A night at the train station (day 142)

Hi there autumn (or spring, depending on your point of view). This year, for a change, I have met you with a sleepless night (although I did also get a view of another dawn (not as magnificent as the previous one, but still passable at a pinch).

I spent the day wandering in Irkutsk. I agree with another New Zealander I met – it is missable. Don’t miss the lake though.

I even met a couple of people from the UK, so it was nice to sit around and talk about my life over a beer with people I had known for five minutes.

Then I spent the night at the train station. I actually wanted to spend the night upstairs (there is a place you can kip on a bunk for a few dollars in most big train stations), but I (too politely) stood behind the mother and son in front of me waiting for them to figure out how much it was going to cost, and they promptly took the last two places in the dorm.

Still I was not alone. The waiting room (a long hall, marble panelled with graceful arched windows, and extremely ungraceful metal chair/bench things) was filled with people doing just what I was doing. Waiting.

Train stations are good like that, I think. They are social levellers. Just like petrol stations and supermarkets. No matter who you are (unless you have a personal shopper and a chaffeur driven car) you have to go at one time or another.

So everyone spends some time at the train station, just hanging out together. Very mystical. Even if most of the time people try as hard as possible to avoid any contact with the people around them.

The service at this waiting room is fairly basic. The seats are not comfortable, and many of them are separated from each other by high armrests that make it hard to lie down. The 24 hour music videos are noisy and obtrusive, and the friendly policeman who comes around at 6am to wake everyone up isn’t really worth paying for.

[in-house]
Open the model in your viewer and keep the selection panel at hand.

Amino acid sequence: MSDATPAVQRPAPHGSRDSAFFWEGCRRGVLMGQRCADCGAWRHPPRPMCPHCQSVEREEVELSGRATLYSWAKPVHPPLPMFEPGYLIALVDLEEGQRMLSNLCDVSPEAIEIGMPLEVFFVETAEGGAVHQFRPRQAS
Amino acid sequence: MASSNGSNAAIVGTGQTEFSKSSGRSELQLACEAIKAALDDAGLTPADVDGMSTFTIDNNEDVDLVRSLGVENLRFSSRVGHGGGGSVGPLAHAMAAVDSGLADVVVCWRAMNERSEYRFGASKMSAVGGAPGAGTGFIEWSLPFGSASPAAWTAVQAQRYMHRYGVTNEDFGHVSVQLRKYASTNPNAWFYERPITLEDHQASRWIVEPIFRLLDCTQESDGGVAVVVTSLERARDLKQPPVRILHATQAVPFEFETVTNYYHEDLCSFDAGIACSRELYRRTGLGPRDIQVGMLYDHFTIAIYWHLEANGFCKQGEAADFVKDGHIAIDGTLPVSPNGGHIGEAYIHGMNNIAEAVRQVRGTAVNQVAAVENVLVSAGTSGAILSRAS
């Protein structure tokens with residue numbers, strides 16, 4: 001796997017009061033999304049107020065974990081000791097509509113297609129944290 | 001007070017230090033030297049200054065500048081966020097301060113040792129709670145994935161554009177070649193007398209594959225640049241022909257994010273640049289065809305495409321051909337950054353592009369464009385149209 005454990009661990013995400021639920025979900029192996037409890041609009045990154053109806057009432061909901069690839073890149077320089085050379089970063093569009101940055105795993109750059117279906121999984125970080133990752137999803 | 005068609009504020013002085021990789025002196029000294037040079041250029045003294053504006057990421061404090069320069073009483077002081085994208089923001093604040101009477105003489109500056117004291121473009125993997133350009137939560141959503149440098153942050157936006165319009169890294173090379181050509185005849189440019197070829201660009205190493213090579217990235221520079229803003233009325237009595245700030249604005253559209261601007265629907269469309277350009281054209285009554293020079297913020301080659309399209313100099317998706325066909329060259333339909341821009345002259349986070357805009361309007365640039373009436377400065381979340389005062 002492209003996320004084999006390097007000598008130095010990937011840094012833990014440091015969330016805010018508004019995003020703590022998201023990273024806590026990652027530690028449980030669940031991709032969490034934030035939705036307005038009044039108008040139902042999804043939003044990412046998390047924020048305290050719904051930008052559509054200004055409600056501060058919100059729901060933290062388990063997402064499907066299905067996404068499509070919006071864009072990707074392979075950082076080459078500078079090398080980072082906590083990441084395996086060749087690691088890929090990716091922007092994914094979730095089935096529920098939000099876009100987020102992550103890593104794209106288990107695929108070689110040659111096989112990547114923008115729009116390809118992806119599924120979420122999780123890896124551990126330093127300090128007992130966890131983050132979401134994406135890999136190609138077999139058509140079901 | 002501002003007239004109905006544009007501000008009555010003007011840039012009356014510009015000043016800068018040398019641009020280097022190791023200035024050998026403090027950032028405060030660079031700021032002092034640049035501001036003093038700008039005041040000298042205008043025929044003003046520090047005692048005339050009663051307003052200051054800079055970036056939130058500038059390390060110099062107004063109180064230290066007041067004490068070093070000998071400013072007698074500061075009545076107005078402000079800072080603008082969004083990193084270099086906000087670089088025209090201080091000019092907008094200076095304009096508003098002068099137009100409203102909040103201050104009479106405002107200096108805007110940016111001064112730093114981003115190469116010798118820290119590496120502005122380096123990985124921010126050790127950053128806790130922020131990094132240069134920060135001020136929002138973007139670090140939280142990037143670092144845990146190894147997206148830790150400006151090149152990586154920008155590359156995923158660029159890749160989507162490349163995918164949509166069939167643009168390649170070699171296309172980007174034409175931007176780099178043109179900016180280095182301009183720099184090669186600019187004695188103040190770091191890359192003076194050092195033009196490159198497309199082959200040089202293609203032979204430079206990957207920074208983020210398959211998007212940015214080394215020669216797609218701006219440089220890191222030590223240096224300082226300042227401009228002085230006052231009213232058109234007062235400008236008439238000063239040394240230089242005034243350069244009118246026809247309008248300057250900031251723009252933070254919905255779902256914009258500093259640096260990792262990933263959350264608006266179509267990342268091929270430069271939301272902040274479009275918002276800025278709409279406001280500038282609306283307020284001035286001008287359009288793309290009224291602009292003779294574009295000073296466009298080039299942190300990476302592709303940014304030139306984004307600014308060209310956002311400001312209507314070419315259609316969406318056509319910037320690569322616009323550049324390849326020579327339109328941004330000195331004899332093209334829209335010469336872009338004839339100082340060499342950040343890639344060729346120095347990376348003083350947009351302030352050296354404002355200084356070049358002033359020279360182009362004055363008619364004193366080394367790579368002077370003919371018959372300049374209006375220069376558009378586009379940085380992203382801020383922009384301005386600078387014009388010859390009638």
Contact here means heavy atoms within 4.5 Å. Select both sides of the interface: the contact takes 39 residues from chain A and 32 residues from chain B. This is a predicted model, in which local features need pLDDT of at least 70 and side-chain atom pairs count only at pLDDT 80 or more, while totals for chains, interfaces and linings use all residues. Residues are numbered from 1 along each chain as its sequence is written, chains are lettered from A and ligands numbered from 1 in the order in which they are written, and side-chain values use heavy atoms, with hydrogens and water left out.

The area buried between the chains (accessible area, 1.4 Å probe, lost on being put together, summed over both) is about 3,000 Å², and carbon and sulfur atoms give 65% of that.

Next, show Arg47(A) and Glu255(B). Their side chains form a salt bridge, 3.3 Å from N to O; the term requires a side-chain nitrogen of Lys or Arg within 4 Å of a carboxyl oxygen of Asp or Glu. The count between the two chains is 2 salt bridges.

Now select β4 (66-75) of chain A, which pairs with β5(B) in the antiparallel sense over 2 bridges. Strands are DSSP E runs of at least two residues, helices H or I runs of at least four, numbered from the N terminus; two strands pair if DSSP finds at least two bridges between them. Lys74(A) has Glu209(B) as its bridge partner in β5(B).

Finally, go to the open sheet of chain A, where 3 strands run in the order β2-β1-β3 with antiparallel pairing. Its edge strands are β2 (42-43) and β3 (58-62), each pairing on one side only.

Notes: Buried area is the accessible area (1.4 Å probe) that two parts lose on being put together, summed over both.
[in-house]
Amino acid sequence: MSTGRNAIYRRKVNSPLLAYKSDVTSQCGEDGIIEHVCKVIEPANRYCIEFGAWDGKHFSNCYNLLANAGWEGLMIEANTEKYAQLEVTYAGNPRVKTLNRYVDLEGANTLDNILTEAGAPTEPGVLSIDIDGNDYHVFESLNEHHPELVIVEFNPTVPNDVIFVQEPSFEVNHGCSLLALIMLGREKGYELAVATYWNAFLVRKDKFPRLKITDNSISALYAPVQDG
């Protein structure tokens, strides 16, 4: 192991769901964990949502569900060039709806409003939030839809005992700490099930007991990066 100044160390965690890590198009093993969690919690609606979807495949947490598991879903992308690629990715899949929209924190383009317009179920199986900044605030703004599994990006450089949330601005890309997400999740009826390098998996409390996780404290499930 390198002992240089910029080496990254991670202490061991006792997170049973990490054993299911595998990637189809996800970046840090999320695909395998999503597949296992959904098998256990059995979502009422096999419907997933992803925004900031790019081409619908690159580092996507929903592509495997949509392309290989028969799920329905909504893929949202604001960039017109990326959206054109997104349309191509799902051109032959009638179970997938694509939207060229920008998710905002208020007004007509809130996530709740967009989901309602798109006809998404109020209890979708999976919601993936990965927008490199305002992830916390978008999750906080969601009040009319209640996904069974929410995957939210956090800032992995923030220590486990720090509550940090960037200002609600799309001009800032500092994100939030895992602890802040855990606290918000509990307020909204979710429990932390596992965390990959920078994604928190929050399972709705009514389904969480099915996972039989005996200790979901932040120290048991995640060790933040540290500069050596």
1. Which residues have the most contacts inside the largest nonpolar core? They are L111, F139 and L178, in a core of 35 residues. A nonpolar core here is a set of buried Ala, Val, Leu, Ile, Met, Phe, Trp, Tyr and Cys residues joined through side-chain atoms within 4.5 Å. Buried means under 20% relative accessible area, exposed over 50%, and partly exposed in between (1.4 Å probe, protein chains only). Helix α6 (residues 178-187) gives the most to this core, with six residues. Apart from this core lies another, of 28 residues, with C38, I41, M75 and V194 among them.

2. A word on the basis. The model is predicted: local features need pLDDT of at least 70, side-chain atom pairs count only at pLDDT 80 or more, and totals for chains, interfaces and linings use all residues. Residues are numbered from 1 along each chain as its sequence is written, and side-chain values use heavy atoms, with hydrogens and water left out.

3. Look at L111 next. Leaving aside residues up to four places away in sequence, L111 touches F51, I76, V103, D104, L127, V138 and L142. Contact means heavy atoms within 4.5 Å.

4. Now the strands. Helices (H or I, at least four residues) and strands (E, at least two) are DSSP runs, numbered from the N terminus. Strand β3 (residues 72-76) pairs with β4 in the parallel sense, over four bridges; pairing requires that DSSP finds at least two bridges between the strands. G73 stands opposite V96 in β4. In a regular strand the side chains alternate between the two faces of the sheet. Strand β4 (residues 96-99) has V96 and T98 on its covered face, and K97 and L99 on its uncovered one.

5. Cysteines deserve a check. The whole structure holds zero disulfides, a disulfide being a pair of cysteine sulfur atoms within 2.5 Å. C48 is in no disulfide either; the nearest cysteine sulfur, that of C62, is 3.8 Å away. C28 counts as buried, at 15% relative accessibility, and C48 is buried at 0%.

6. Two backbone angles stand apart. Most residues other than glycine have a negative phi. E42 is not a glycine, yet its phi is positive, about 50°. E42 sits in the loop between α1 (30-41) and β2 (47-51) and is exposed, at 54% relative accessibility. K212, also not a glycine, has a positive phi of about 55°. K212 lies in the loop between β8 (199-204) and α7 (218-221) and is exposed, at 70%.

Then again, the price is at the lower end of the range. Food (mostly bread covered in some species of fat) is readily available, as is sweet black tea (the only way the Russians make it). And it is quite interesting to look at all the people sitting around.

People fall asleep in all kinds of positions. Some get lucky (like me) and get several seats without armrests to spread out on. Some sleep sitting up, with their heads plonked in their laps (not so good for the back), some have thoughtfully brought along a partner that they can lean against, a few fortunate fellows have lain down in the window (which affords a tolerably long, flat surface with good ventilation).

The ones who are not sleeping are drinking mostly. There is tea on offer (you can persuade the shops to give you hot water usually if you have brought your own cup and tea bag), beer (of course), and vodka. Mostly the later is the provision of the homeless people who spend quite a lot of time outside the station, since anyone drinking it inside is quickly sent packing by the friendly policeman.

I got talking to one of the homeless people (during a period when I was sitting outside). Her conversation was sensible and interesting enough (give up your Toyotas people, the Niva (a type of Lada) is the best automobile for you) until a few minutes after she started on the hard stuff. She had a bottle of Sprite but did not seem to be doing much with it. I have no idea quite where she finds the money. Still, it is very cheap here. I think the people would riot if there were a tax on alcohol.

So here we all are together in the waiting place – except the homeless people, who are already home, of course. Lots of trains are delayed, but Russians are very good at waiting.

It is a real melting pot. We have lots of white Russians, lots of the darker-skinned variety from the southern republics, a smattering of Chinese, and people who could be Mongolian, and we have a Westerner with blonde highlights in his hair. We have people without shoes, people without shirts, people with baggage so heavy that they can only lift one item at a time, and people with only plastic bags to their name (which they use, resourcefully, as pillows). We have military types (all forces), and beggar types, business people and snot-nosed children. We have traders and bureaucrats, and entire families eating from newspaper that serves as a table and a table-cloth in one.

There is a post office that has summer and winter hours that are the same, but that advertises both just in case.

You can tell who smells bad by where the flies land. Just about everyone has had better hair days than today.

Day has begun now. Funny how we divide things up into dark and light, sleep and wake.

It worked out okay, in the end. I never got a bed upstairs, but I caught a few hours snooze, and I met up with the guy from Lonely Planet again. We drank tea, wasted time, talked of affairs and waited for his train.

And I asked him, by the way, whether writing travel books reduces the joy of travelling. And it does. So there you go.

Maybe the continuous music videos are to hide the snoring.